Former Facebook Executive Says Social Media Exploits Human 'Vulnerability'

"God only knows what it’s doing to our children’s brains," said Sean Parker, the company's founding president.

Facebook’s founding president said the social media platform intentionally exploits “a vulnerability in human psychology,” which he hinted could have negative impacts on the brain and society at large.

Sean Parker, now founder and chair of the Parker Institute for Cancer Immunotherapy, opened up about his time at Facebook during an interview with Axios’ Mike Allen on Wednesday.

“The unintended consequences of a network when it grows to a billion or 2 billion people ― it literally changes your relationship with society, with each other,” Parker said.

“It probably interferes with productivity in weird ways,” he continued. “God only knows what it’s doing to our children’s brains.”

Several studies have shown that social media can have harmful effects on mental health, especially in teenagers. A 2017 study conducted by the Royal Society for Public Health, a U.K.-based health charity, found that people who use platforms such as Facebook and Instagram were more likely to have anxiety, depression and sleep issues.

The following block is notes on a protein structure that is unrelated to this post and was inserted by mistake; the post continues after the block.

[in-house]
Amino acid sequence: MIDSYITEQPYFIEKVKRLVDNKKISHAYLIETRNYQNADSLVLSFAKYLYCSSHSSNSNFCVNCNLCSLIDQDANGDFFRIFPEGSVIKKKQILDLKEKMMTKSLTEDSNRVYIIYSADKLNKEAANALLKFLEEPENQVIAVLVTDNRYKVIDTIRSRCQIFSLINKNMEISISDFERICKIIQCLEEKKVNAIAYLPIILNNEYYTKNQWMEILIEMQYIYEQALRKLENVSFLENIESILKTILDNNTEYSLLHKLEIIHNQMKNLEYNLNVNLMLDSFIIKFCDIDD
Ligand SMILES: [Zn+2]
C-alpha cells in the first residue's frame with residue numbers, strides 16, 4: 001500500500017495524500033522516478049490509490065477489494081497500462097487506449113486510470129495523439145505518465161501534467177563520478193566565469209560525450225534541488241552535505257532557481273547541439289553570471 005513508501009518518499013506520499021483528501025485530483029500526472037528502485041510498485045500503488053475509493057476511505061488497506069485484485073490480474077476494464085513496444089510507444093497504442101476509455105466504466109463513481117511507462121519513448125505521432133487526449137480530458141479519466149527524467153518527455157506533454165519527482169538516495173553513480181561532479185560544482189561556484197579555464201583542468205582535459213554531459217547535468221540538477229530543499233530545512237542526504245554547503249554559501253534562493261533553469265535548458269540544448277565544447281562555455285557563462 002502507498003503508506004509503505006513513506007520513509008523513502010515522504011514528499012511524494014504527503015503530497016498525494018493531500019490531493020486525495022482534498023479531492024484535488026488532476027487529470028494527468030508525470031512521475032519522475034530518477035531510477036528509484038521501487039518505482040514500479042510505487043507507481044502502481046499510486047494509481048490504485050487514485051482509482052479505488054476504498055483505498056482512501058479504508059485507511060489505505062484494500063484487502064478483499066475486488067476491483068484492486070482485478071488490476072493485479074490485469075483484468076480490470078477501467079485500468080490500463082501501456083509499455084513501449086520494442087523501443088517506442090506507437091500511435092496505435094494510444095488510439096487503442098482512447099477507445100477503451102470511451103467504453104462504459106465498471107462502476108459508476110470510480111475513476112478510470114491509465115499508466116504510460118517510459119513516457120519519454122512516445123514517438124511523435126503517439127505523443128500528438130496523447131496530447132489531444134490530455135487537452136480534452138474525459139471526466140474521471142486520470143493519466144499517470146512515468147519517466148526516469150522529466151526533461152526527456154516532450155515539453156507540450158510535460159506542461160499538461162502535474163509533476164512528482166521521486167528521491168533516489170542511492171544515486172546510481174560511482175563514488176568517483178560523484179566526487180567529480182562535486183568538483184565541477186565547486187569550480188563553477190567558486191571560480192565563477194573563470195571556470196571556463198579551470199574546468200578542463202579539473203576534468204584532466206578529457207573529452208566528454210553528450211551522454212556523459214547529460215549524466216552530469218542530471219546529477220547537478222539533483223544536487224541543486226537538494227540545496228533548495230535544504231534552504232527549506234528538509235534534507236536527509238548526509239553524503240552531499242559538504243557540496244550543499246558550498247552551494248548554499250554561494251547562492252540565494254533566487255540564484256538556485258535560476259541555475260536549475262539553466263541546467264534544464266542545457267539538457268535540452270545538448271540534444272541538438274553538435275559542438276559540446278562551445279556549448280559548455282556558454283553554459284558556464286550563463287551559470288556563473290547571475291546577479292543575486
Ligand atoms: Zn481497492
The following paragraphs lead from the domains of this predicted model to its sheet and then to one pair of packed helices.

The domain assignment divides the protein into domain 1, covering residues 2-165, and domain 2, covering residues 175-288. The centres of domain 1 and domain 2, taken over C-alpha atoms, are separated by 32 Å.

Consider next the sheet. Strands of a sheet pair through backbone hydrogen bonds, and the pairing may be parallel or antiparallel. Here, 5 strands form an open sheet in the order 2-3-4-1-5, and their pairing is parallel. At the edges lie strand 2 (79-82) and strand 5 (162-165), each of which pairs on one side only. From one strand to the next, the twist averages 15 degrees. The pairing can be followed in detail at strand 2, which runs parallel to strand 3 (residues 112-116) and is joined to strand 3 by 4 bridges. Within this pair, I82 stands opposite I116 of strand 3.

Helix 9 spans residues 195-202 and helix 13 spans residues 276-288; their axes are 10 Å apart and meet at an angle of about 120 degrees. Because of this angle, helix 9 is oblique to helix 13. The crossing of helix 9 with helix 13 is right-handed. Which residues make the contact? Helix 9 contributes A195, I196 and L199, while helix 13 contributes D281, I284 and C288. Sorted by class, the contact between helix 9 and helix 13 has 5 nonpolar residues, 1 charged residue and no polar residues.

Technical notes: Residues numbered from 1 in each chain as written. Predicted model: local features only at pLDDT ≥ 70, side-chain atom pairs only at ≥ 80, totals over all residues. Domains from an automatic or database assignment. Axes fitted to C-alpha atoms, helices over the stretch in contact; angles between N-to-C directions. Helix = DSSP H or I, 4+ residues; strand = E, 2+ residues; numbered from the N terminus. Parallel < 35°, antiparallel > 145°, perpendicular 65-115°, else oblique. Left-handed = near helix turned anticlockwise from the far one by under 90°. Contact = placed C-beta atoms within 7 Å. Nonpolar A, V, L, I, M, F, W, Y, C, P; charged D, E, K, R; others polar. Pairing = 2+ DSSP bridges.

“Social media addiction is thought to affect around 5 percent of young people, with social media being described as more addictive than cigarettes and alcohol,” the study stated. “The platforms that are supposed to help young people connect with each other may actually be fueling a mental health crisis.”

Parker ― who resigned his position at Facebook in 2005 after police arrested him (though never charged him) with felony possession of cocaine ― acknowledged the troublesome trend.

“Anxiety is a huge problem now,” Parker said. “[Facebook is] a social-validation feedback loop ... it’s exactly the kind of thing that a hacker like myself would come up with, because you’re exploiting a vulnerability in human psychology.”

Parker added that the social networks’ creators, including Facebook’s Mark Zuckerberg and Instagram’s Kevin Systrom, “consciously” understood the implications of trying to keep users hooked on their products.

“The thought process that went into building these applications ... was all about: ‘How do we consume as much of your time and conscious attention as possible?’” Parker said.

“That means that we need to sort of give you a little dopamine hit every once in a while, because someone liked or commented on a photo or a post or whatever,” he continued. “And that’s going to get you to contribute more content.”

Facebook did not immediately respond to request for comment.

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